Tech City UK’s Gerard Grech on blockchain, BMWs and the Commonwealth

 
Harriet Green
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The tech kingmaker: Gerard Grech (Source: Greg Sigston)
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>A View To A Kill, with Roger Moore – you know, the one where Max Zorin plots to blow up Silicon Valley and halt microchip production? That was back in the mid-80s!” says Gerard Grech, chief executive of Tech City UK, the government-funded tech cluster at the heart of Silicon Roundabout and London’s burgeoning tech scene.
I’ve asked him how he thinks London’s tech scene is doing next to its much bigger brother over the pond. “The point is that Silicon Valley is pretty old now. We mustn’t rest on our laurels in London, but we’ve done pretty well. And the next big wave is how tech will go even more mainstream in existing industries – healthcare, education, banking. It’s a software question; it also depends on how those industries perceive each other and respond to change.”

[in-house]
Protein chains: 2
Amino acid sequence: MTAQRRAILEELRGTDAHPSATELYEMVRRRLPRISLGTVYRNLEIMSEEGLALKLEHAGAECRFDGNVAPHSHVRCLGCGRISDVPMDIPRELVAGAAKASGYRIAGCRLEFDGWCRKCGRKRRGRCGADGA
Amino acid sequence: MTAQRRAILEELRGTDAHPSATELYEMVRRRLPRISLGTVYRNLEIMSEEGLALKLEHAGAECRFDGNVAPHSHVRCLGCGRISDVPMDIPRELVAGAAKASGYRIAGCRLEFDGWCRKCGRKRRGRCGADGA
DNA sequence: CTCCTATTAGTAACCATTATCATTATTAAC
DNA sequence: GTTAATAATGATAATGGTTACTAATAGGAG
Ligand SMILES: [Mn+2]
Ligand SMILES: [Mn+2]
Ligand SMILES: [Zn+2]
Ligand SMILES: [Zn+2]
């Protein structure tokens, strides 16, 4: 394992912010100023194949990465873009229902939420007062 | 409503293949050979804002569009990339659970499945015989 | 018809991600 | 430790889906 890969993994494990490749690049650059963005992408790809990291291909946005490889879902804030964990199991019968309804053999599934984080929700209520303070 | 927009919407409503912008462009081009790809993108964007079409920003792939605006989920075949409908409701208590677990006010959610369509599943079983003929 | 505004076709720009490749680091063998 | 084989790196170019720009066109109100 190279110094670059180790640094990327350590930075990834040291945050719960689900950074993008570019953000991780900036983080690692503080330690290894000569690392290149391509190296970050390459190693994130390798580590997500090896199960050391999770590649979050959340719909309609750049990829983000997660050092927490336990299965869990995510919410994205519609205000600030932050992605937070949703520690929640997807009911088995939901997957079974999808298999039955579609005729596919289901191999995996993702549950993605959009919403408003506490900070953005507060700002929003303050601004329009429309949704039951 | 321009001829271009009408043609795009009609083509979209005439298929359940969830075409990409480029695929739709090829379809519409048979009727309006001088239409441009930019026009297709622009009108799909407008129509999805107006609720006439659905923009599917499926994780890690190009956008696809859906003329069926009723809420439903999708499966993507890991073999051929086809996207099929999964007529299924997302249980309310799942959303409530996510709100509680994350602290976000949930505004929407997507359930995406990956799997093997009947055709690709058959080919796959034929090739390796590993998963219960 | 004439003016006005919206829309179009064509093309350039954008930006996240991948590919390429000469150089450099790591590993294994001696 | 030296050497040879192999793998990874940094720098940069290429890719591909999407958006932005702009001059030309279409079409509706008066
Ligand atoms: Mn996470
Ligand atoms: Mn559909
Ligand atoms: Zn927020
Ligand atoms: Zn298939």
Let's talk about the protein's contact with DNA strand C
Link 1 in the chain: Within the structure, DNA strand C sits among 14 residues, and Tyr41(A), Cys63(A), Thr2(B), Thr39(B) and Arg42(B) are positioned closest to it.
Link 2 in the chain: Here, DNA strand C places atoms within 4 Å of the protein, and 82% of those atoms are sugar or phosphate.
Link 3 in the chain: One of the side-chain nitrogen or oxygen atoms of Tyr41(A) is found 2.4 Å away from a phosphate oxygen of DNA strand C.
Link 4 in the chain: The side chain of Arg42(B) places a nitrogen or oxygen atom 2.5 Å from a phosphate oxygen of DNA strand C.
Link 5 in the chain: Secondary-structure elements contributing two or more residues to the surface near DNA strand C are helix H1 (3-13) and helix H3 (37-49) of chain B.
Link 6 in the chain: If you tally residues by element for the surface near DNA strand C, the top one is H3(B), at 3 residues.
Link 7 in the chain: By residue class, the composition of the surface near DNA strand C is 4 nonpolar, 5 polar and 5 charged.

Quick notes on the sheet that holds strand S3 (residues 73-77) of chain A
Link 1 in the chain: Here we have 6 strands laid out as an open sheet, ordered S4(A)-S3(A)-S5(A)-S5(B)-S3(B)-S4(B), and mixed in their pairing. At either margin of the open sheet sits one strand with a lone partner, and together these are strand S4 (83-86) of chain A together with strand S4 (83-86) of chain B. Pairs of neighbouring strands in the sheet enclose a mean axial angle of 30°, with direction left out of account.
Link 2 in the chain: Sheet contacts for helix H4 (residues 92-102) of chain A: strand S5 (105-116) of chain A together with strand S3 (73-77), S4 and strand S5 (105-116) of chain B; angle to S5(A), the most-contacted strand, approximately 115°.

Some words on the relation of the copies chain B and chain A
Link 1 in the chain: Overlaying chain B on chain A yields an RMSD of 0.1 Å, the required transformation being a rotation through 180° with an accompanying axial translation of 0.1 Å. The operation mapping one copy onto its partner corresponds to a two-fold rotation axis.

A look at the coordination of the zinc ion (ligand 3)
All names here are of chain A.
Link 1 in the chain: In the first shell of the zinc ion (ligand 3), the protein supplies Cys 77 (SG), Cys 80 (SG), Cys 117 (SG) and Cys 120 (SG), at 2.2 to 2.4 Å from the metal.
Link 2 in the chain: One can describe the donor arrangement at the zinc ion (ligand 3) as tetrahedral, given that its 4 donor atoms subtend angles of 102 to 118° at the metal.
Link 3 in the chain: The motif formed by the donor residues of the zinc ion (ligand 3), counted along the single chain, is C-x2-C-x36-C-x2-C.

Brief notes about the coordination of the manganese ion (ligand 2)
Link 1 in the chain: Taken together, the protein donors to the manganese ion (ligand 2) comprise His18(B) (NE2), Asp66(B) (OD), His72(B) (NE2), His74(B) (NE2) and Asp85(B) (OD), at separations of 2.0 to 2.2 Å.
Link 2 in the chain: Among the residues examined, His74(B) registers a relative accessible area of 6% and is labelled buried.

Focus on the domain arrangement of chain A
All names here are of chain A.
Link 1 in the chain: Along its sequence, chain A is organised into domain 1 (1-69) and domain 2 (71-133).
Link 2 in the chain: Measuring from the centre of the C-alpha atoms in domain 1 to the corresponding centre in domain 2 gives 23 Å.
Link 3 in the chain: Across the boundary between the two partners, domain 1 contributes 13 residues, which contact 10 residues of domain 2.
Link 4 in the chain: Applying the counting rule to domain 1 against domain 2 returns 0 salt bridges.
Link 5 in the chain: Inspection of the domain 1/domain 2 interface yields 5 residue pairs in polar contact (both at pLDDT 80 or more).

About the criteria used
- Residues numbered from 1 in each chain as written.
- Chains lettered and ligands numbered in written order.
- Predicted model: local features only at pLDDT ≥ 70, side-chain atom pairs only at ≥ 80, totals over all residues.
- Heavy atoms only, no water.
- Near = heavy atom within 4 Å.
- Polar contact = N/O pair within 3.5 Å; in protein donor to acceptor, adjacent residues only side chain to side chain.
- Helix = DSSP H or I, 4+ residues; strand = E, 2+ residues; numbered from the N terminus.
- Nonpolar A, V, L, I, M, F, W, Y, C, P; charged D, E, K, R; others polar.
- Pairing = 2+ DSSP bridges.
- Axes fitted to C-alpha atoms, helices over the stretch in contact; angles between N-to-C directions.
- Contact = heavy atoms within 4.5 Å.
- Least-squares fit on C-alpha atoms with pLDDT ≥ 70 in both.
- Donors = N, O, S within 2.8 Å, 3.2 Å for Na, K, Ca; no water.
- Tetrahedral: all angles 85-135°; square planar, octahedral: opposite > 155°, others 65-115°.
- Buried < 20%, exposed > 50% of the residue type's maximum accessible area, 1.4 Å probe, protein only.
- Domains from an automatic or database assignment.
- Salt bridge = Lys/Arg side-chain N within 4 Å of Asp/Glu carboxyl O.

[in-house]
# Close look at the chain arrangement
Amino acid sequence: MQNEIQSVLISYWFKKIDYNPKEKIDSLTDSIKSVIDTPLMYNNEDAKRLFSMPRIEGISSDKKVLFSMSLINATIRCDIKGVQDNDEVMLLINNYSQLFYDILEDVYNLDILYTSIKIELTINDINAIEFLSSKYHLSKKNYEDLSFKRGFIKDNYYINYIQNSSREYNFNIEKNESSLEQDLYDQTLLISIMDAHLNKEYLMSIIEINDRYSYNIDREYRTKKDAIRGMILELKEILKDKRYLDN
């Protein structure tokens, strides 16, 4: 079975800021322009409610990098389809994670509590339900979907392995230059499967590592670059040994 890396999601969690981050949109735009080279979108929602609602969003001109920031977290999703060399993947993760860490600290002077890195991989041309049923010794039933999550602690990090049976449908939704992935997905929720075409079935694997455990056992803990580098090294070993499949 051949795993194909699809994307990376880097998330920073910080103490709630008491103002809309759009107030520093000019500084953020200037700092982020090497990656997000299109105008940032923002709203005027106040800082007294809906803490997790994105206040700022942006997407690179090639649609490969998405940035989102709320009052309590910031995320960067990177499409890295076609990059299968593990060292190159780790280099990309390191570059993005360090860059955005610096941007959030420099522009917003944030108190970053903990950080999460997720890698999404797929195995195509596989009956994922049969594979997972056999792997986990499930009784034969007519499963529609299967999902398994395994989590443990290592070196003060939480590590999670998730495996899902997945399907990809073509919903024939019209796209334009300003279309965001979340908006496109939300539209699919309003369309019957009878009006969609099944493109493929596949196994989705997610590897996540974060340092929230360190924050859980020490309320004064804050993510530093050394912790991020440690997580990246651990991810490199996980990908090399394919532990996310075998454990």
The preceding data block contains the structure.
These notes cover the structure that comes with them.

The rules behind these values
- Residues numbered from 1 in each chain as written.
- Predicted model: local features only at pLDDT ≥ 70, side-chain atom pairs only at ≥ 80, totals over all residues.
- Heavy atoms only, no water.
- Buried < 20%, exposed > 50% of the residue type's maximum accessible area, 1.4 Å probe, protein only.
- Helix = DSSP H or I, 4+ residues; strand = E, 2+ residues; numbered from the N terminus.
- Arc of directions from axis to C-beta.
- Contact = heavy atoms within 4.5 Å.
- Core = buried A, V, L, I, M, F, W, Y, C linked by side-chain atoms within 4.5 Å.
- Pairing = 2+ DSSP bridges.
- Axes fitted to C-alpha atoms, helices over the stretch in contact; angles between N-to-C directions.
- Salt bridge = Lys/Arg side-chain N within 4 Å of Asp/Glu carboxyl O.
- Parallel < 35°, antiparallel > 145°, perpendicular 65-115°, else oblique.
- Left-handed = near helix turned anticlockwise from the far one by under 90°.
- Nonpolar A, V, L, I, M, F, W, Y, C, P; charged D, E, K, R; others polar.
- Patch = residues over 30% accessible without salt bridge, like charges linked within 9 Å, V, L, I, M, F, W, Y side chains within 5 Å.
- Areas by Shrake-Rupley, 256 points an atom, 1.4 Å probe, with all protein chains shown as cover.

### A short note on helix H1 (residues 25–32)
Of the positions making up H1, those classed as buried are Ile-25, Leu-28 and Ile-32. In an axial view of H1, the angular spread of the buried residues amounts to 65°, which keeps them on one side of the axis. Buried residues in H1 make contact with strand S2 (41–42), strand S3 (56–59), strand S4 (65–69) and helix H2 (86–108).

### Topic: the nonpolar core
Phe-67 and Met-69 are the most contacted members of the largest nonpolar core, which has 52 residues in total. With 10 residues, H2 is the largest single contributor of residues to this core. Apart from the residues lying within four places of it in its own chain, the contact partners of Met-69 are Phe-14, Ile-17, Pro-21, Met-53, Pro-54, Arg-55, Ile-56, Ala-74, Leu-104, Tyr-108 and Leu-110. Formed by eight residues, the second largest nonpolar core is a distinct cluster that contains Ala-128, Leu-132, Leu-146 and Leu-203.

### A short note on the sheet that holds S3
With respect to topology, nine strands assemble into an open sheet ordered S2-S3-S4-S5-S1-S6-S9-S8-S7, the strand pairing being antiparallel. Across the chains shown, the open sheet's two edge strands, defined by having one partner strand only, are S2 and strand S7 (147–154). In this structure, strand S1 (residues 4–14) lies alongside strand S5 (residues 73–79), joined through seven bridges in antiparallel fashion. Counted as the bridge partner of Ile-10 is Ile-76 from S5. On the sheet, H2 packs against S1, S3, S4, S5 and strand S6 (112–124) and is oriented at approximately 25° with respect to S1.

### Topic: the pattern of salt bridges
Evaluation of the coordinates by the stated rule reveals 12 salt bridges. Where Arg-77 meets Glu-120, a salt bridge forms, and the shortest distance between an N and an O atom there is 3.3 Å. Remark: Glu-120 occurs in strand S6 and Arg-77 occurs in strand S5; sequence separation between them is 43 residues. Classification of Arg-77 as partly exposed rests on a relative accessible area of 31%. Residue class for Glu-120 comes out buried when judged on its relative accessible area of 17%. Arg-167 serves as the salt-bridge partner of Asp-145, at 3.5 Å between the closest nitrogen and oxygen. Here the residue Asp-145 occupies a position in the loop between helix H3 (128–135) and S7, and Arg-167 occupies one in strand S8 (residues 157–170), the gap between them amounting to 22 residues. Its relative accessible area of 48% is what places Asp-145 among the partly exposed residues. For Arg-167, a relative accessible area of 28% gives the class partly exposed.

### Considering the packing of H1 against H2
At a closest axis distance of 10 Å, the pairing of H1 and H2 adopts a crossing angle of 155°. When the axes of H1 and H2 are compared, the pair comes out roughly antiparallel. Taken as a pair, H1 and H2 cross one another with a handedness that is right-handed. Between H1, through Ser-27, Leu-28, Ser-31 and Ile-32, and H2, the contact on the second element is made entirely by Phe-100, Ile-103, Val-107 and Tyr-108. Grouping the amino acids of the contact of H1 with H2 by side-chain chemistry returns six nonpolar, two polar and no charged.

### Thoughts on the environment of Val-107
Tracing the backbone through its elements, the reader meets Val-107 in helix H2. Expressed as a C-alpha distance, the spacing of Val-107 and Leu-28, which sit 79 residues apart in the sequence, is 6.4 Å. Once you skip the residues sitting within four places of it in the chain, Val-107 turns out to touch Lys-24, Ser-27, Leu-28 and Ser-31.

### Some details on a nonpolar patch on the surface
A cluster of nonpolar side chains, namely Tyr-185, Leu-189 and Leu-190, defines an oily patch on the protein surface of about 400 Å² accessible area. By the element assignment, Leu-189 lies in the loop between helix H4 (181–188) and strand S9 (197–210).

MANY LEGS UP

Tech City does a lot of lobbying and collaboration work. Grech is keen, for instance, to mention its current partnership with the Commonwealth Enterprise and Investment Council and the City of London. But it has been running programmes to support and connect businesses since 2010, when it was launched by the Prime Minister, including the Future Fifty, which offers a bespoke support service to high-growth digital businesses. Its alumni have raised £790m, says Grech. Four, including Zoopla and Just Eat, have listed on the London Stock Exchange.
Last autumn, it launched the Digital Business Academy, which enables anyone in the UK to take free digital business courses. “When we launched, we thought that people taking the courses would be 18-24 year-olds. It quickly became clear that over 50 per cent were older than 30. Recently, a 60 year-old guy did all our courses, and he’s now applying for jobs in the digital industry.”